Wildlife gardening with Kate Humble - August

Pipistrelle bat

Pipistrelle bat

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Late in the summer, the August greenery is beginning to lose its vibrancy, but the wildlife is still busy, particularly around the pond.

So watch out for damselflies, which are identified by their slender bodies, and the larger dragonflies, flying around lily pads that provide the perfect place for them to lay their eggs.

One thing to do in the garden is to plant marigolds in sunny positions around plants such as tomatoes and peppers.

Marigolds are perfect at attracting hoverflies, the harmless mimic of the wasp, and ladybirds to eat the greenfly that nibble on leaves.

Try to trim hedges less frequently if you can so that any late birds’ nests aren’t disturbed and wildlife can still shelter and feed -particularly after the rain of the last few months.

August is prime bat-watching season and the numbers of bats reach their peak at this time.

On a dry night, around dusk, go out to watch these tiny, vulnerable creatures in action.

The most common bat visitors to gardens are the Pipistrelles, who loop and wheel about at low levels, eating those annoying biting midges and tiny insects.

They catch the insects using the tiniest of echoes and squeaks; this echo system ensures they will never get caught in any one’s hair, despite the popular fear!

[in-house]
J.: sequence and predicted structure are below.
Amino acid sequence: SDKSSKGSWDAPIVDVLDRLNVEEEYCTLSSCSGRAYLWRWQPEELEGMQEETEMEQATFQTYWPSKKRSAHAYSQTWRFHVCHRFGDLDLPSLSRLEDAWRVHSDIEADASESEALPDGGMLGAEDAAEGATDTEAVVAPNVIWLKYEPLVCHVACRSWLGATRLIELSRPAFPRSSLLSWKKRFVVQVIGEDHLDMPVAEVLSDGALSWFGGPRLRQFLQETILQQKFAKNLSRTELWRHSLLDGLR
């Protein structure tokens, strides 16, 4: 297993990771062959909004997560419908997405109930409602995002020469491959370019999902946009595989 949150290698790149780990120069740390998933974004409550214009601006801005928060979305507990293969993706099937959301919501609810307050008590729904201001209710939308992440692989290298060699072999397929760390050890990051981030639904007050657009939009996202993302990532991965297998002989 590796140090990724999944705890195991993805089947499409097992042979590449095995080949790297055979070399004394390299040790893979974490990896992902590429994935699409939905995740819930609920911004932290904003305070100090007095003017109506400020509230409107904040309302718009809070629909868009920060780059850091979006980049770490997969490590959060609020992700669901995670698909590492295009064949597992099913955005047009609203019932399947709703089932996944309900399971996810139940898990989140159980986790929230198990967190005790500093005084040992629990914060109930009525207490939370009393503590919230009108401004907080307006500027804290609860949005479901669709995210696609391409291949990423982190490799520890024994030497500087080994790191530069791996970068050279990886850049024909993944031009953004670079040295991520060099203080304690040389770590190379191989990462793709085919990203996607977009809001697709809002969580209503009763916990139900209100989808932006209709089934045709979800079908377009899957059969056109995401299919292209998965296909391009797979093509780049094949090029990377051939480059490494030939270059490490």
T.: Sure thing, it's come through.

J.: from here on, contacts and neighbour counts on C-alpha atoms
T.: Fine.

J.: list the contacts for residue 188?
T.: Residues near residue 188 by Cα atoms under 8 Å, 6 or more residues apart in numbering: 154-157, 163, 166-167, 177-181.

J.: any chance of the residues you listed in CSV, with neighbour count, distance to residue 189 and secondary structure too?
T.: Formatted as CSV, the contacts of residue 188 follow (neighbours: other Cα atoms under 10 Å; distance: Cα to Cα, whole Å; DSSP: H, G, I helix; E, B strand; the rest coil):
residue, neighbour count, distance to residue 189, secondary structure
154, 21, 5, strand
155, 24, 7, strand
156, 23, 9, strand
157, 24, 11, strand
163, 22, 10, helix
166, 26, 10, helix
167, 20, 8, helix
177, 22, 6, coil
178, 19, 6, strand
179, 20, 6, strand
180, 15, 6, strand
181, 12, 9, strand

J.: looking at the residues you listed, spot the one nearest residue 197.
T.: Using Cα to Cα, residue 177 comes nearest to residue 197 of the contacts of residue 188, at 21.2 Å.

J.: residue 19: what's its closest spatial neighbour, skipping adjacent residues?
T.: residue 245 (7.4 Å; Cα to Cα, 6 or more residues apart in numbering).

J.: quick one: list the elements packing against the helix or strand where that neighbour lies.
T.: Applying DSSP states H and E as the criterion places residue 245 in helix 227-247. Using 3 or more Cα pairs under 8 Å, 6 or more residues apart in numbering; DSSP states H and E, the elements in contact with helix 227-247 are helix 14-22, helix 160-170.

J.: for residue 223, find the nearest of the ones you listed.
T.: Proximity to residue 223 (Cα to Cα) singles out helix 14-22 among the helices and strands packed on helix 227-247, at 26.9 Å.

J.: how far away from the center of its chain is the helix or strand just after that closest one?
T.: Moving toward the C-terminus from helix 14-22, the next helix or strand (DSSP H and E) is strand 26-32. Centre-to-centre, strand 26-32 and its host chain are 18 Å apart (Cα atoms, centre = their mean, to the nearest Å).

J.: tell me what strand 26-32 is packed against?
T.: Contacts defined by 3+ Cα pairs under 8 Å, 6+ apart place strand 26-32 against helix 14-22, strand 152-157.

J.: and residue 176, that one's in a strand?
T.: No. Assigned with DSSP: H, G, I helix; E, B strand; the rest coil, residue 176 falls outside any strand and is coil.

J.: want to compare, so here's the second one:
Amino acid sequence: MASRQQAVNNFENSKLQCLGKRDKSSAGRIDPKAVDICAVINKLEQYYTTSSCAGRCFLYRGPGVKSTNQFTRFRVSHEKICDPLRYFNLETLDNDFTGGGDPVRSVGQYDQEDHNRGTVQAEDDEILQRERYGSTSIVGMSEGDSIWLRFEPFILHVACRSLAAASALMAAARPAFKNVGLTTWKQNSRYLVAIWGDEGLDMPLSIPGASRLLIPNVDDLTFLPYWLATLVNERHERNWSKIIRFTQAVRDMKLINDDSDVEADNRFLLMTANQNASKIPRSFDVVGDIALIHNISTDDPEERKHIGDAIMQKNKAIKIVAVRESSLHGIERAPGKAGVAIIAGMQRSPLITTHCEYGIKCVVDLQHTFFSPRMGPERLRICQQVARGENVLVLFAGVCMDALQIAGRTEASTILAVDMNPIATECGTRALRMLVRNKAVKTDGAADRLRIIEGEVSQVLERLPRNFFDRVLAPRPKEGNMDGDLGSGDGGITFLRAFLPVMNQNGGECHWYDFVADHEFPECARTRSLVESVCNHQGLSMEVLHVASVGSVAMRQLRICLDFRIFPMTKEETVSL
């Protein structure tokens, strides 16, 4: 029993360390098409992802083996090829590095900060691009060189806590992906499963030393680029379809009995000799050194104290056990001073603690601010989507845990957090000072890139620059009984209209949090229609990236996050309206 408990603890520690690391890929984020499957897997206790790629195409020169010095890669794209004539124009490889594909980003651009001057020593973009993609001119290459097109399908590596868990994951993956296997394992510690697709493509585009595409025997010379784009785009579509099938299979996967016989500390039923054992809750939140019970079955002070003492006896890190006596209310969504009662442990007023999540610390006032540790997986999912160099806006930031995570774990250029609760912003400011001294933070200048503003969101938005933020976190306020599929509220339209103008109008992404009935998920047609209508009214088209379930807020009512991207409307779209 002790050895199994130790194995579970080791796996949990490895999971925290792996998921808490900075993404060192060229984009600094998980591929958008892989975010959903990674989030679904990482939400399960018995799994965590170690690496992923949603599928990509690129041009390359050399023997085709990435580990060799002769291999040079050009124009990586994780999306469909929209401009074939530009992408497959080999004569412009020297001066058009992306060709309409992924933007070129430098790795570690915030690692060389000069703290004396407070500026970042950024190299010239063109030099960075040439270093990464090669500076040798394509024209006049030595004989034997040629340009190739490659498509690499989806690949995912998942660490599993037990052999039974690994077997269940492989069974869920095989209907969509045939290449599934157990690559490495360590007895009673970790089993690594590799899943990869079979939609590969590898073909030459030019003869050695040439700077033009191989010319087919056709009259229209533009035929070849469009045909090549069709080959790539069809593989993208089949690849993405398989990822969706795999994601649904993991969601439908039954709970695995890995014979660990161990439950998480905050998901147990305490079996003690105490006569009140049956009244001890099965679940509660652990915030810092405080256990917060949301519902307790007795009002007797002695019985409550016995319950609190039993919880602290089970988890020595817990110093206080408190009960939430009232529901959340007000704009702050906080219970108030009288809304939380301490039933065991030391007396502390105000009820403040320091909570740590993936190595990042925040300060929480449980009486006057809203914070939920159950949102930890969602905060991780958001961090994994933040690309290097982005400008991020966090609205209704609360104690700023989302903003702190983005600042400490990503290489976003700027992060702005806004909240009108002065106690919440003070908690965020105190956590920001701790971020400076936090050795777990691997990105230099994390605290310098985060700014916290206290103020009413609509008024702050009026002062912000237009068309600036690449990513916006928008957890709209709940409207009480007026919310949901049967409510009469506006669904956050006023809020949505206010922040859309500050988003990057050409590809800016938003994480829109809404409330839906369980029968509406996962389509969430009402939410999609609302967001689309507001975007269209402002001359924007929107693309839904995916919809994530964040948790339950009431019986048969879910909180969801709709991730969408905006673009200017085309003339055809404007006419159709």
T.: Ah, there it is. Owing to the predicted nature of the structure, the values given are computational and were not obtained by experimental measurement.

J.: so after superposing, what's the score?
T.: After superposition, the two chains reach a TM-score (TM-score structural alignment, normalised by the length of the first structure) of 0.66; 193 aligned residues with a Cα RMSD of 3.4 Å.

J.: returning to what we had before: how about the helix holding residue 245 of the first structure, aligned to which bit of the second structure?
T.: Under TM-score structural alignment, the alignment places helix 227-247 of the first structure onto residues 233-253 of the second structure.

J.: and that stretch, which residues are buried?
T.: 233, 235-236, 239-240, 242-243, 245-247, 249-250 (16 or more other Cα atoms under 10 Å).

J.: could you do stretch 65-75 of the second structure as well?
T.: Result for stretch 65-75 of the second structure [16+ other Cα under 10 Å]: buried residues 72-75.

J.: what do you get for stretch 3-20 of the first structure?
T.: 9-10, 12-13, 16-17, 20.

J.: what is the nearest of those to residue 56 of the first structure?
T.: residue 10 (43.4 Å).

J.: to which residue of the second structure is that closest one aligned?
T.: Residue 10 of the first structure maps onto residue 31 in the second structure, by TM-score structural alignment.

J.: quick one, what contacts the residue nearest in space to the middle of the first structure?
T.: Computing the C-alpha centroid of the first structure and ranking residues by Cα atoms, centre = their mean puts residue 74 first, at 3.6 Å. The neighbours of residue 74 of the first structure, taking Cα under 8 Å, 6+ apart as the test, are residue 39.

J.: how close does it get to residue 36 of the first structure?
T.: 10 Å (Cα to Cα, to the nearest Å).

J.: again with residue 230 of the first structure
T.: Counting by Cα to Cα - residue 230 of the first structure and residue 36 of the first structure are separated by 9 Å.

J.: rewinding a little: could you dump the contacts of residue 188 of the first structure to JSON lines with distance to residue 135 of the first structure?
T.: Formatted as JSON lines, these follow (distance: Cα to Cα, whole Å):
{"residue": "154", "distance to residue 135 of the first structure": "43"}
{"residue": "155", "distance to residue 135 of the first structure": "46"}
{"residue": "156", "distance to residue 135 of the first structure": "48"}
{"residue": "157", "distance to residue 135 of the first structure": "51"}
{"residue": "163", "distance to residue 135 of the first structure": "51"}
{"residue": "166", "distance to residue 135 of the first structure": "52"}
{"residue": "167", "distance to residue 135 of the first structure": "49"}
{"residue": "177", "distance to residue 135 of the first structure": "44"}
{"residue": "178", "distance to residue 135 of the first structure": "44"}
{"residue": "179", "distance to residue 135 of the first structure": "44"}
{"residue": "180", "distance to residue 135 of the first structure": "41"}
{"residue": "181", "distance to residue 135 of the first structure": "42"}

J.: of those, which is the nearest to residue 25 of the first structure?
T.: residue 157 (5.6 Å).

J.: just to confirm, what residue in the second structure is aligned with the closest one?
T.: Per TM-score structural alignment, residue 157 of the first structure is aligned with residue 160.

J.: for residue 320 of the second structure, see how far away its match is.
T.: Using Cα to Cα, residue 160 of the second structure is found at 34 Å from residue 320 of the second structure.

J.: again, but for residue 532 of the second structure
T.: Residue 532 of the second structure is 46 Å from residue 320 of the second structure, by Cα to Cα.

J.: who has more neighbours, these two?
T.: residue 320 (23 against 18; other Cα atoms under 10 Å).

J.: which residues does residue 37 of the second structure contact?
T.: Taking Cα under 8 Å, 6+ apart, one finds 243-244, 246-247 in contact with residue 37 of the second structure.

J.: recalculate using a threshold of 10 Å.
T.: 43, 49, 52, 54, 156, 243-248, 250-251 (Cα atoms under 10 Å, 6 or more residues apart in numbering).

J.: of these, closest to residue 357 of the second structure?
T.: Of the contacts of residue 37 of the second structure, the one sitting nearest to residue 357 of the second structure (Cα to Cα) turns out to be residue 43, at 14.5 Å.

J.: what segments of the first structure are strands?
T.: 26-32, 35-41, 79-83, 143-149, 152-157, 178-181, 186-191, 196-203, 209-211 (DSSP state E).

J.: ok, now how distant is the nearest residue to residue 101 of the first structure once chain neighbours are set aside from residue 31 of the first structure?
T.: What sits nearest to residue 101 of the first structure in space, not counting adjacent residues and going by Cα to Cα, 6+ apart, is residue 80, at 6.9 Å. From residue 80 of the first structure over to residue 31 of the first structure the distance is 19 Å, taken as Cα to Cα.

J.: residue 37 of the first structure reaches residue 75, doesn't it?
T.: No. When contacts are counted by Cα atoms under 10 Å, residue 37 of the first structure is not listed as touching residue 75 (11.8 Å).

Early August sees the airborne masters of flight, the swifts, gather together for the return journey to Africa after a quick summer holiday in the UK.

Swifts have small cigar-shaped bodies and are usually brown or grey, compared to the brightly coloured swallows with their long narrowing wings. 
Sadly, the swift is on the Amber list of Conservation Concern, so it’s a real worry to the RSPB who want to find out where the swifts are in order to prevent further nest sites from being destroyed.

To help, take part in the wildlife charity’s Swift Survey.

Just keep an eye out for low-level groups of swifts making their distinctive screaming calls, which mean they’re breeding, at dusk and early morning then report any sightings to the RSPB at www.rspb.org.uk/helpswifts